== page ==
Tuesday, October 10, 2006

Chief Justice

The Judicial and Bar Council has declared the position of Chief Justice of the Supreme Court open for nomination with the impending retirementof Chief Justice Artemio V. Panganiban on December 7, 2006. The practice of selecting the Chief Justice should be the subject of serious study (I am not aware of any) especially in light of our recent experience. The selection of the Chief Justice should be a critical task but the selection process in the Philippines, according to critics, is far from perfect.

The designation of Artemio Panganiban as Chief Justice raised two issues: the system engenders cronyism and the system is exclusionary in that it limits potential appointees to sitting members of the Court.

The last time President Gloria Macapagal Arroyo selected a Chief Justice, her decision generated controversy. Arroyo ignored the most senior member of the Court, Reynato Puno in favor of Artemio Panganiban. Puno was named to the Court three years earlier.

No President since Ferdinand Marcos has bypassed the most senior member of the Court when designating the Chief Justice. Marcos’ refusal to honor the tradition of seniority was regarded as a means of retaining control over the judiciary. He bypassed Claudio Teehankee, a Justice critical of the Marcos regime, twice to prevent or delay his rise to the post of chief justice. See Bernardo M. Villegas, The Philippines in 1985: Rolling with the Political Punches, 26 Asian Survey 127, 128-129 (1986).

Some saw Panganiban’s designation as Chief Justice as the President’s way of thanking him for helping secure the presidency in 2001. (Jocelyn Montemayor, Palace: CJ choice is no ‘bayad-utang’, Malaya, December 22, 2006). In 2001 Panganiban prevailed upon the then Chief Justice Hilario Davide to intervene in the unconventional removal of Joseph Estrada as President ostensibly to avoid the possibility that military elements might take advantage of the volatile political situation. So visible was his participation in the installation of President Arroyo that when the legitimacy of the Arroyo administration came before the Supreme Court, both he and Chief Justice Davide inhibited themselves from the Supreme Court proceedings. (Christine Avendano, Armand N. Nocum, & Juliet Labog-Javellana, Panganiban named 21st SC Chief Justice, Philippine Daily Inquirer, Dec. 21, 2005).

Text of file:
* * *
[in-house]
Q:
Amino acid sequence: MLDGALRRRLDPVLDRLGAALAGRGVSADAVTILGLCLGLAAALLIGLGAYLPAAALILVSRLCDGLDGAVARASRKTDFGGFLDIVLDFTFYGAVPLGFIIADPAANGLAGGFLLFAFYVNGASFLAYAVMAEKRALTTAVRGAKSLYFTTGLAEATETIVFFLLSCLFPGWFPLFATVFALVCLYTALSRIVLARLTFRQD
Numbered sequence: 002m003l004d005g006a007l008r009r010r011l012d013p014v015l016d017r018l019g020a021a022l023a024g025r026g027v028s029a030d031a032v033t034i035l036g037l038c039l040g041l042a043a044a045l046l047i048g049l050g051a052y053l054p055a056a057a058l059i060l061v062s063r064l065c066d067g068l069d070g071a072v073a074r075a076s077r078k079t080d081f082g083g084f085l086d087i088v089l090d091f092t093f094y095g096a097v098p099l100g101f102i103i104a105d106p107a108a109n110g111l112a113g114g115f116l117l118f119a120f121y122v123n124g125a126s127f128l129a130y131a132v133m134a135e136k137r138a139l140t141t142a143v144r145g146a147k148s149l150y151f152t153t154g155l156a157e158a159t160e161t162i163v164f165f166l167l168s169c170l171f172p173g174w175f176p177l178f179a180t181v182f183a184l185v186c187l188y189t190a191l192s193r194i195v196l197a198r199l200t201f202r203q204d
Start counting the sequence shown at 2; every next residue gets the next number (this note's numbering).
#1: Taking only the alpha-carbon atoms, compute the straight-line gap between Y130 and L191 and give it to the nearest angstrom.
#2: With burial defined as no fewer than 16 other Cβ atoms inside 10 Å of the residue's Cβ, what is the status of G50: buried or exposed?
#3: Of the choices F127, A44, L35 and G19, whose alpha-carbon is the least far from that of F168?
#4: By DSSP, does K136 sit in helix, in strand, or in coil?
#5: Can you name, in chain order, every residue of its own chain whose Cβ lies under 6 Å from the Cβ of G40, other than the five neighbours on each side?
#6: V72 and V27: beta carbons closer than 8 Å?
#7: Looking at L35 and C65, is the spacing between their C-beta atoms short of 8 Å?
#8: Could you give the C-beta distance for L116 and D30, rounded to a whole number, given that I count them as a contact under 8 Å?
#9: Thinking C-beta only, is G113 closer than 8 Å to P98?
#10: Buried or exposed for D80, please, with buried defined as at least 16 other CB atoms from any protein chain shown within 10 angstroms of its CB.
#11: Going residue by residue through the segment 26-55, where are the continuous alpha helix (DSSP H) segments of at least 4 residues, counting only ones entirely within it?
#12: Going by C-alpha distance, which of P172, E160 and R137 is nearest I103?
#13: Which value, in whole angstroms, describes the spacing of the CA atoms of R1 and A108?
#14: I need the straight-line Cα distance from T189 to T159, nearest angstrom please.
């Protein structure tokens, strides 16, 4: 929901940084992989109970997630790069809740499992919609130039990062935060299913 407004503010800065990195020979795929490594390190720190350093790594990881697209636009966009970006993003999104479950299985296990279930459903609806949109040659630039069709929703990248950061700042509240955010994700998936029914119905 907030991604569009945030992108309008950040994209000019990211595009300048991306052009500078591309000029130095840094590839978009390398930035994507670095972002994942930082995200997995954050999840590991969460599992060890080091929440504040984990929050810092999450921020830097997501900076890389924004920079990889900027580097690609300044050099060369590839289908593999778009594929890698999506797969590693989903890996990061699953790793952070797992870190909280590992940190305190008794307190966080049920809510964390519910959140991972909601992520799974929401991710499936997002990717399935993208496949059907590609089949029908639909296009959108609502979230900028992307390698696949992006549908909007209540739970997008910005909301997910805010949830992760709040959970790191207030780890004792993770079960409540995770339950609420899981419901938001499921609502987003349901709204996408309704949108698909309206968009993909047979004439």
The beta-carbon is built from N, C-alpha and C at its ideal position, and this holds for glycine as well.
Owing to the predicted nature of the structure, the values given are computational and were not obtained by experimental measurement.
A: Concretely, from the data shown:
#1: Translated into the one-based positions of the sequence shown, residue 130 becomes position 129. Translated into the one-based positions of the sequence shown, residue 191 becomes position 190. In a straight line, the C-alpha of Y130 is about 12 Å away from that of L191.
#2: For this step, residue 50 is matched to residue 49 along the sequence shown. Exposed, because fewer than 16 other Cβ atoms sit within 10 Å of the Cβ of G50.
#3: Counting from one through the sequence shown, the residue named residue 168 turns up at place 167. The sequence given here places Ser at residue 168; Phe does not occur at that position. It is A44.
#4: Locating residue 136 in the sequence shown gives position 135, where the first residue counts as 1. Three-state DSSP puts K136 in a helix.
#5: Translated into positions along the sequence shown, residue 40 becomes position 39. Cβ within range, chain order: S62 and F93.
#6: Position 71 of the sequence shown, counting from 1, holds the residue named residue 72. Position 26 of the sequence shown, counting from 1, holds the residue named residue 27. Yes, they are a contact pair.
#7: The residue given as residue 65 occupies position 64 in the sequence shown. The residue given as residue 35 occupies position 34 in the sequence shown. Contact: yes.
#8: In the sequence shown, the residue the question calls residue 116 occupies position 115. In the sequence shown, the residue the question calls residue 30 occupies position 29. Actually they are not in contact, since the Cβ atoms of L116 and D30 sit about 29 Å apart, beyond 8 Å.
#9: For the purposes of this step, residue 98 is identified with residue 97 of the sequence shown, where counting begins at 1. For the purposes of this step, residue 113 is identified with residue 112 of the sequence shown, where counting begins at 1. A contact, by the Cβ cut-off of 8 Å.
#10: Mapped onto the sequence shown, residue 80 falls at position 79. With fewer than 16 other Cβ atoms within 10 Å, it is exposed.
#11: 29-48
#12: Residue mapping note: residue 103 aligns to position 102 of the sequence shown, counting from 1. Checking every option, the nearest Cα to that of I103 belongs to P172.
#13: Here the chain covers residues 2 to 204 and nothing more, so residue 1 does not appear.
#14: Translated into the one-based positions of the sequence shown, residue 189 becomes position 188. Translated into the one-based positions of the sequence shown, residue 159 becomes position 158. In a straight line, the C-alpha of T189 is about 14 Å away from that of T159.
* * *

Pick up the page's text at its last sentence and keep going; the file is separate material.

Another issue that came up last December involved the nomination of Senator Miriam Defensor Santiago to the position of Chief Justice. She was not considered for the position, however, because the Judicial and Bar Council refused to extend its nomination period to enable her name to make the list of candidates. In response, Santiago suggested that the council should be abolished under a new Constitution, or if not its budget should be slashed "to the barest minimum" as a warning.

Santiago complained of "apparent discrimination without basis" when the JBC declined to extend the period of nomination for the post of chief justice but extended the same for the post of Ombudsman. The senator said it appears that the main function of the JBC is to ensure that only incumbent justices will be nominated as chief justice, thus excluding any other candidate, no matter how qualified.

Santiago added that "Under the present system, it is possible for a Supreme Court justice to support his personal protégés for appointment to the JBC, and in turn for those protégés to vote for him as chief justice when a vacancy occurs. That would be very unhealthy for the judicial system." ( JP Lopez, Miriam wants JBC budget slashed, Malaya, December 06, 2005).

On December 26, 2005 the Philippine Daily Inquirer had an editorial that called on President Arroyo to choose the next Justice of the Supreme Court "not with her own personal and political interests in mind, but with those of the institution and the nation." The present docket of the Court makes it difficult for the President to follow the Inquirer's plea. Arroyo struck out three times earlier this year when the Court (two-thirds of whom are her own appointees) ruled against her administration on three crucial issues (EO 464, Proclamation 1017, and the Calibrated Preemptive Response policy).

Arroyo's political future is tacked on her campaign to amend the Constitution and to shift to a parliamentary government-the temptation to appoint an ally must be irresistible. Even inevitable.

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